A visionary 20th century physicist, John Archibald Wheeler helped invent the theory of nuclear fission, gave black holes their name, and argued about the nature of reality with the likes of Albert Einstein. Wheeler, who was the son of librarians, first became interested in science as a boy reading scientific articles. After earning his doctorate in physics in the 1930s, he journeyed to Copenhagen to study with the legendary physicist Niels Bohr. This collaboration culminated in a series of papers that explained the mechanism of nuclear fission in terms of quantum physics. This pioneering work led to Wheeler being one of the principle scientific figures behind the Manhattan Project. After WWII, he continued working at Princeton University, where he served as a professor of physics from 1938-1976, teaching thousands of undergraduate students and mentoring more than 50 PhD students. His extensive achievements also include helping the U.S. government design and build the hydrogen bomb in the early 1950s. Over a long, productive scientific life, he received numerous honors, including the National Medal of Science, the Albert Einstein Prize, the Franklin Medal, the Niels Bohr International Gold Medal, and the Wolf Foundation Prize. He was also a past president of the American Physical Society and received honorary degrees from 18 institutions.
Something of a wunderkind, Wheeler was only 16 years old when he entered Johns Hopkins University in 1927. Since his family was already living in Baltimore, Maryland, he was able to save money by living at home while he attended classes at Hopkins. Nonetheless, he was always in need of financial support. So during his student years, he did some private tutoring and served as an assistant in campus laboratories. Academically, he excelled. After his third year at Hopkins, in the summer of 1930, he secured a summer job at the National Bureau of Standards in Washington D.C., working with noted spectroscopist William F. Meggers. This experience led to Wheeler publishing his first scientific paper when he was only 19. Later, his dissertation research work, carried out under the supervision of Karl Herzfeld, focused on the theory of the dispersion and absorption of helium. In 1933, after only 6 years at Hopkins, Wheeler earned his PhD in physics. At the time, he was just shy of 22 years old.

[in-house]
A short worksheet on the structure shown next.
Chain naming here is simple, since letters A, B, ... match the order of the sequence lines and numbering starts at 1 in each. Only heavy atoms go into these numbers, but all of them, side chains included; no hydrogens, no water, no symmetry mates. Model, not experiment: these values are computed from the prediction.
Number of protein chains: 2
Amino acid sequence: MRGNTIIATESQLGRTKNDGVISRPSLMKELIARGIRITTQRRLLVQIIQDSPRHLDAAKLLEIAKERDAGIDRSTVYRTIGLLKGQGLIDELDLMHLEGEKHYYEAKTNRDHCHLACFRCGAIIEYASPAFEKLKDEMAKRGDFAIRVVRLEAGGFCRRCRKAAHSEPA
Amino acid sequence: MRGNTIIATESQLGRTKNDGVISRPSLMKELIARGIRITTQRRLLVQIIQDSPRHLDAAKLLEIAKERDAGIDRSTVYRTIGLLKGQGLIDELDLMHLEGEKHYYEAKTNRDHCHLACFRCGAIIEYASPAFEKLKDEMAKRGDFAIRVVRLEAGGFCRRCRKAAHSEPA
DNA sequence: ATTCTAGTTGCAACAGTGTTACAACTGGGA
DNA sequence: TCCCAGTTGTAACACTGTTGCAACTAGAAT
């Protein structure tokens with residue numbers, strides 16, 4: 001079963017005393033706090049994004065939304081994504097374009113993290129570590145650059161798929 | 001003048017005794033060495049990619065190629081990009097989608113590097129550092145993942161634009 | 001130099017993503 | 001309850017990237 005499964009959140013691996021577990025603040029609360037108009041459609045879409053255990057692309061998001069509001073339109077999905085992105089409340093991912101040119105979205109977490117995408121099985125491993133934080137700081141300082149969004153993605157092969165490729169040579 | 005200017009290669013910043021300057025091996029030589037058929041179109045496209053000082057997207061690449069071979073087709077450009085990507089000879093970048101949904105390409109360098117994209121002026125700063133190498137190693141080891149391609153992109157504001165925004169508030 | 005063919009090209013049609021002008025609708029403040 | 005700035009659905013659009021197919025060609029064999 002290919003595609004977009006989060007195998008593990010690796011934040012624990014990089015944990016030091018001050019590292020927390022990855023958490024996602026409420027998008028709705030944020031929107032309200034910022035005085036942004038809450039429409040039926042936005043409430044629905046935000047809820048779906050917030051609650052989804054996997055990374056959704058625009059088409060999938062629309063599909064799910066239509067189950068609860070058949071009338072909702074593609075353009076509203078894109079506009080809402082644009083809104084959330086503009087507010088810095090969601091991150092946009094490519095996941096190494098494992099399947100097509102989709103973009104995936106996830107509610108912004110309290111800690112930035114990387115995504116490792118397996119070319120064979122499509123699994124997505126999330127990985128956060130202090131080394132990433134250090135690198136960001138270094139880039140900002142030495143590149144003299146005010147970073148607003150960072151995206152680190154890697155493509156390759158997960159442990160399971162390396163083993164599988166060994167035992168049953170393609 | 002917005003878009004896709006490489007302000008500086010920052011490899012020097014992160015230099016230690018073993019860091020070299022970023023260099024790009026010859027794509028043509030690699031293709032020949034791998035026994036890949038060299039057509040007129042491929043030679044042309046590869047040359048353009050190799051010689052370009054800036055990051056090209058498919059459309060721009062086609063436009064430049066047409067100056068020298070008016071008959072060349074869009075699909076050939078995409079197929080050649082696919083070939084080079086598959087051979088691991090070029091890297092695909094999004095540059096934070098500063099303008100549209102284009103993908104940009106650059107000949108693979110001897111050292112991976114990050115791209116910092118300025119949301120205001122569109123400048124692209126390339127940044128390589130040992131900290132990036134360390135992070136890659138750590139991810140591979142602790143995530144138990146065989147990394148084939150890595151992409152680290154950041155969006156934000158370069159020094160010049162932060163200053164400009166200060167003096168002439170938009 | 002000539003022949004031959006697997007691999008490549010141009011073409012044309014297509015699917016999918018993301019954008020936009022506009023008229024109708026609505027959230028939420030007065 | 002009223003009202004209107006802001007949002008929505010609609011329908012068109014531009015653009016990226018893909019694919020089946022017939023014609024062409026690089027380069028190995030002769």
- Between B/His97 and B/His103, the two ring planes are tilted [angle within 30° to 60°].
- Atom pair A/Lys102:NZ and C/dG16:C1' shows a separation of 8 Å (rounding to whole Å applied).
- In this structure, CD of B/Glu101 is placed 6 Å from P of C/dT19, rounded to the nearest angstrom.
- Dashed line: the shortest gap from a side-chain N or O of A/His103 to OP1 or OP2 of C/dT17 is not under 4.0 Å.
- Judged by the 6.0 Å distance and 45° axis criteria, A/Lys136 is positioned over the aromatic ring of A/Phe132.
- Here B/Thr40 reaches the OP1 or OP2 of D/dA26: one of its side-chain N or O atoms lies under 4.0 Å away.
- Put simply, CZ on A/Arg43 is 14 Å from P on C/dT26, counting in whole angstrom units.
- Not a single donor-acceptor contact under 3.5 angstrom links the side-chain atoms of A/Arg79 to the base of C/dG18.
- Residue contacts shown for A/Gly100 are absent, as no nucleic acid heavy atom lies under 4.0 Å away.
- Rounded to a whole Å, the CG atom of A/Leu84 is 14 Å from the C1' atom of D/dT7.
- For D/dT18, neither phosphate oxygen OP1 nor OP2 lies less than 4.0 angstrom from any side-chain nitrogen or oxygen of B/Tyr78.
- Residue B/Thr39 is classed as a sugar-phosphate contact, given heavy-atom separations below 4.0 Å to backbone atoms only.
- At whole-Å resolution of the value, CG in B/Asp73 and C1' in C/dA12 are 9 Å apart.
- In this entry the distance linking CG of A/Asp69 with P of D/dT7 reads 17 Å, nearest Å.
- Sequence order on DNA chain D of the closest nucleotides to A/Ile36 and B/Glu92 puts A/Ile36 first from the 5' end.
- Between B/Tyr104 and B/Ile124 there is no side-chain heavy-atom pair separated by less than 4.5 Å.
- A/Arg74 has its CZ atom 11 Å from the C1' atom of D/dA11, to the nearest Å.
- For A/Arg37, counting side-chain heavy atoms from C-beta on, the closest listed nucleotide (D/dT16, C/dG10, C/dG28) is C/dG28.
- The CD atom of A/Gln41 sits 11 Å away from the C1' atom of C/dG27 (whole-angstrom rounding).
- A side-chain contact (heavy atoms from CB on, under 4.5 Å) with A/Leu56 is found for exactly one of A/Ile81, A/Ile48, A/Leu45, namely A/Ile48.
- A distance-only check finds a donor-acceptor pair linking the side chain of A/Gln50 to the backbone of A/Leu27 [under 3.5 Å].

Wheeler remained attached to his alma mater in many ways. In 1938, he nearly accepted a position as associate professor at Hopkins, only to choose Princeton University at the last second. Today, many of his writings and photographs can be found among the university library’s special graphic and pictorial collection. Additionally, his groundbreaking work in physics was recognized by his alma mater in 1977. During that year's graduation ceremonies, the university awarded him an honorary doctorate to add to his previous degree, thus establishing Wheeler as one of its most remarkable graduates.